In March, 2021, an invasive algae species was discovered in Newport Bay, California. The algae, which is native to Florida and other subtropical and tropical locales, is scientifically known as Caulerpa prolifera. It can grow quickly, choking out native seaweeds and potentially harming marine life through lost habitat.
Federal, state, and local agencies have been meeting and working quickly to identify the extent of the algae's infestation in Newport Bay. California Department of Fish and Wildlife (CDFW) scientists and divers are currently being deployed to map and identify the location of the species.
Caulerpa prolifera is a species of green alga in the family Caulerpaceae. The alga is bright green and consists of a number of blades linked by underground runners (stolons), which attach to the substrate with small root-like structures (rhizoids). Below are photos of Caulerpa prolifera found in Newport Bay.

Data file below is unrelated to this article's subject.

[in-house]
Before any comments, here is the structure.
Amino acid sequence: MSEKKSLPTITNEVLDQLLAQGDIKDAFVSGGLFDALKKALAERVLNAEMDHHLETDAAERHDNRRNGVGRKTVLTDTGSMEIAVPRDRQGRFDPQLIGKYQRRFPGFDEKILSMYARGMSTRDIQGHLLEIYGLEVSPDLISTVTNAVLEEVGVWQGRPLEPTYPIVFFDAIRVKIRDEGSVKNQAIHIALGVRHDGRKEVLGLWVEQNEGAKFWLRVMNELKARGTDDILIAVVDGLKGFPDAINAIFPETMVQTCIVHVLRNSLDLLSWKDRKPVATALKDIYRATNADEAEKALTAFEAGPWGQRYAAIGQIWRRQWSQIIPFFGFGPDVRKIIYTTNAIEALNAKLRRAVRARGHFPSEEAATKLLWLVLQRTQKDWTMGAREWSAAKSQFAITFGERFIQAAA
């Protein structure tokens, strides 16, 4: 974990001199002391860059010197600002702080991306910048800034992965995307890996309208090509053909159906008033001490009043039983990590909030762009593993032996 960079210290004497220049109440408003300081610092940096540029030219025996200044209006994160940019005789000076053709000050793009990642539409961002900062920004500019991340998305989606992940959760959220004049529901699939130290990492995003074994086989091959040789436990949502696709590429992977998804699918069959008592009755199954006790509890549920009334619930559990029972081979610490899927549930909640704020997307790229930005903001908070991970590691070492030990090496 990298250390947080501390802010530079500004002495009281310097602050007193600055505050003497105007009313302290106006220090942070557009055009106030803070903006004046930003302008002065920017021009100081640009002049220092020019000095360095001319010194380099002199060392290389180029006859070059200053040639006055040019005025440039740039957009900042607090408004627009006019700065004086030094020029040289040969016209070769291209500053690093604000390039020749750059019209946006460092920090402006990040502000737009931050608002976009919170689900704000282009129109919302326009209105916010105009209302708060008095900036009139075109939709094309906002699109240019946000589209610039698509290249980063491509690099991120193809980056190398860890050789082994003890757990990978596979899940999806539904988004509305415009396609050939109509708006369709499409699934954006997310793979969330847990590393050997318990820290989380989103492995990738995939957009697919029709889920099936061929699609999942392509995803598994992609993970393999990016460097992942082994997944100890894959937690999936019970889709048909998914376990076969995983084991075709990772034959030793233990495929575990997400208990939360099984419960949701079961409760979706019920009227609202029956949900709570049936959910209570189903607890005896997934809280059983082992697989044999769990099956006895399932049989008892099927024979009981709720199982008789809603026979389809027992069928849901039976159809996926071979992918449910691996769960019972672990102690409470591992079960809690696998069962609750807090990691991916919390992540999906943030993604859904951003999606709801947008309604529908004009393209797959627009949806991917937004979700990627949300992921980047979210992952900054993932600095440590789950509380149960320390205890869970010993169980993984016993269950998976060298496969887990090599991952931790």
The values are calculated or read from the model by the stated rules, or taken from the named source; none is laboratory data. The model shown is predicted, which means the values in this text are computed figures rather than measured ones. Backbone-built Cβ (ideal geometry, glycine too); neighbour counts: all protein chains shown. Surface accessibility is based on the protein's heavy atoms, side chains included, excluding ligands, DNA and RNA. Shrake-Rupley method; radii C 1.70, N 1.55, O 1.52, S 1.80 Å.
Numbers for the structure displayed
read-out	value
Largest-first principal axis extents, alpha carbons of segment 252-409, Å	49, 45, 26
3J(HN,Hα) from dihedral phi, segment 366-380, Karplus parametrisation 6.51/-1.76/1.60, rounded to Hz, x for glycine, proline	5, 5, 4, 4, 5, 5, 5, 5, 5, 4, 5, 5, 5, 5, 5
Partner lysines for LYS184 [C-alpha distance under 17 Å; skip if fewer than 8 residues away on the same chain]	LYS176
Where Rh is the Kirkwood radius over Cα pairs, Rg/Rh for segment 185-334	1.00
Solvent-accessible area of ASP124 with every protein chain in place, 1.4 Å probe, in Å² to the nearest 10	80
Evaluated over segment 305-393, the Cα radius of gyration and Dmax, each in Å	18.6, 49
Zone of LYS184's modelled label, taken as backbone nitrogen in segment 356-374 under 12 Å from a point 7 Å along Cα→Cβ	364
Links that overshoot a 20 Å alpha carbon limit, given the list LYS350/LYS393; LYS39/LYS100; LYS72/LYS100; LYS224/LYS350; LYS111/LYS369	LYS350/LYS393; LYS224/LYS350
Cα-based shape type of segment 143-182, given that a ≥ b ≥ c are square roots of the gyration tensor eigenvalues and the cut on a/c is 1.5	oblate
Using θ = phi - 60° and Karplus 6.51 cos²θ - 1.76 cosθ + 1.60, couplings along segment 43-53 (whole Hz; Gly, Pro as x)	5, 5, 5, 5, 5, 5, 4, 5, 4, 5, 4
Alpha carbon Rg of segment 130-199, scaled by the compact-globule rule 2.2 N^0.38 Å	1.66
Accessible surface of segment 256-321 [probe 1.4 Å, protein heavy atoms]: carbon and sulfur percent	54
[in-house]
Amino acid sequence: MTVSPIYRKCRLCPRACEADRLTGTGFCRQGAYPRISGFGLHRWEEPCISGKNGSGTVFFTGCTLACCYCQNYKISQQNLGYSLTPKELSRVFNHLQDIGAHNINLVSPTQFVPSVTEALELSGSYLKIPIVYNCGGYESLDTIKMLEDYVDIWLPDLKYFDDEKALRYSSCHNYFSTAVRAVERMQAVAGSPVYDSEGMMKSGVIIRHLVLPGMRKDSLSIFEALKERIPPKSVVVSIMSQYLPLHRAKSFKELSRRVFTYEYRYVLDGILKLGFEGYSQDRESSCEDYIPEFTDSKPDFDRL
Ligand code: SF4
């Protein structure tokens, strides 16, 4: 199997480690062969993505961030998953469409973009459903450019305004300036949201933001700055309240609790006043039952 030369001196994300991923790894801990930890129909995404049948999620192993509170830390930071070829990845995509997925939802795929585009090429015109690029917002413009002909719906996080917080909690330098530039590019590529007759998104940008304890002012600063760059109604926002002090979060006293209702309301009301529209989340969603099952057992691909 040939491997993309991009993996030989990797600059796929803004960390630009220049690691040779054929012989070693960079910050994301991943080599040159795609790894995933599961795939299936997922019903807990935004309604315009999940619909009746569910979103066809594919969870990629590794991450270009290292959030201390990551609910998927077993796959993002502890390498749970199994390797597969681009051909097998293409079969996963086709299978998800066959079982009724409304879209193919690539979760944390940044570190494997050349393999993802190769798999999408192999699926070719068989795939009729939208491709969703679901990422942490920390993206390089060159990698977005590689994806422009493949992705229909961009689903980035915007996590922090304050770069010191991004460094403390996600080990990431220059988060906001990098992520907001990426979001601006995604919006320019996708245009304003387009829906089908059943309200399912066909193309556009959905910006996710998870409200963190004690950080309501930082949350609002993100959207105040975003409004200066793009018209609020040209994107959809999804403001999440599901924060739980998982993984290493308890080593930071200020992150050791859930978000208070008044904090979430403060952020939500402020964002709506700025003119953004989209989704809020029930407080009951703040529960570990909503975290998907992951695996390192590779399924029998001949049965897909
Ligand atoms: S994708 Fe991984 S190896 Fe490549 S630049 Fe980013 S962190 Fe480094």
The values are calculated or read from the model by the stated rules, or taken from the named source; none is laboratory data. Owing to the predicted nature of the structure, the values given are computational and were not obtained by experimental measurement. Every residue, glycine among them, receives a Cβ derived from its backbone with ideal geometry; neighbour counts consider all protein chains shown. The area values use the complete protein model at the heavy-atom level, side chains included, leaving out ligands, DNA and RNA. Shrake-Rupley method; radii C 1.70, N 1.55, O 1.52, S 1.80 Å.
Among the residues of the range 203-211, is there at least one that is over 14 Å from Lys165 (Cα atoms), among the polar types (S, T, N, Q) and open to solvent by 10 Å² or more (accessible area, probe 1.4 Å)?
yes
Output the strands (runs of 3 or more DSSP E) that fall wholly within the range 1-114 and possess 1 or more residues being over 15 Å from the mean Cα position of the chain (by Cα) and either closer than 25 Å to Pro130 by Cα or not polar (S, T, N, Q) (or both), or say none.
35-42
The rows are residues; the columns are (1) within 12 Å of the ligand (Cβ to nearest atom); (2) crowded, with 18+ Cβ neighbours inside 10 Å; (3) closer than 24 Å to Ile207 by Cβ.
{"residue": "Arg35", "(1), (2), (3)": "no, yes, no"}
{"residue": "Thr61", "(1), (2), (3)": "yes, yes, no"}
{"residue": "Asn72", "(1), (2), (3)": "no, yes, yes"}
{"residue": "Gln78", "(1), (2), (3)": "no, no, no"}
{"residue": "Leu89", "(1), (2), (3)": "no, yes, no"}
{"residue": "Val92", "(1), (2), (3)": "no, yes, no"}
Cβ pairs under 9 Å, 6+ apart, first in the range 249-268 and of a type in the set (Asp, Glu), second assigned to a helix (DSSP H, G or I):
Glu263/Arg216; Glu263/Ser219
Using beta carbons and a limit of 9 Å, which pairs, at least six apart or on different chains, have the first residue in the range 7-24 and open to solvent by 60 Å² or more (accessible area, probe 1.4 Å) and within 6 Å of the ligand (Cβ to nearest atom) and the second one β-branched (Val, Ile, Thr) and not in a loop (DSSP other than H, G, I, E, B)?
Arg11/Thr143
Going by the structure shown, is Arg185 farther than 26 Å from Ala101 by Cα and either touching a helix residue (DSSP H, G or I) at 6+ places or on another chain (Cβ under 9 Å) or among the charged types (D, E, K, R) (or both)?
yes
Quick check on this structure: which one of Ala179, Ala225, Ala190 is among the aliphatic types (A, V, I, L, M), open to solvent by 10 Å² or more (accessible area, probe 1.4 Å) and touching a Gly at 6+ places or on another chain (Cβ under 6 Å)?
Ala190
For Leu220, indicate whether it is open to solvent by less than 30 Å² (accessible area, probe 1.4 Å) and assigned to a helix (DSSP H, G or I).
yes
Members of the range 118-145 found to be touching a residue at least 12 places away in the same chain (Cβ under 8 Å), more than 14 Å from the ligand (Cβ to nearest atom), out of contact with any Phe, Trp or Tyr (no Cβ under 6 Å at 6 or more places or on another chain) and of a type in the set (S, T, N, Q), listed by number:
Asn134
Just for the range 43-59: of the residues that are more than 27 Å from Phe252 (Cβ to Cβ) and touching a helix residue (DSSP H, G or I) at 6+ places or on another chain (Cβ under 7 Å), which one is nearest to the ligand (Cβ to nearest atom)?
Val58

Why is Caulerpa Bad?
The invasive can grow quickly and rapidly outcompete native species, including native eelgrass, and may be inedible to native marine herbivorous fish and invertebrates.
What Should You Do?
Although there is significant concern this species could potentially be harmful to native species, there is no danger to humans. However, it is imperative that the public avoid contact with the plant due to its extreme ease of recolonizing from just tiny fragments. If you believe you have seen this invasive algae, please use the form on the right to submit a notification to CDFW.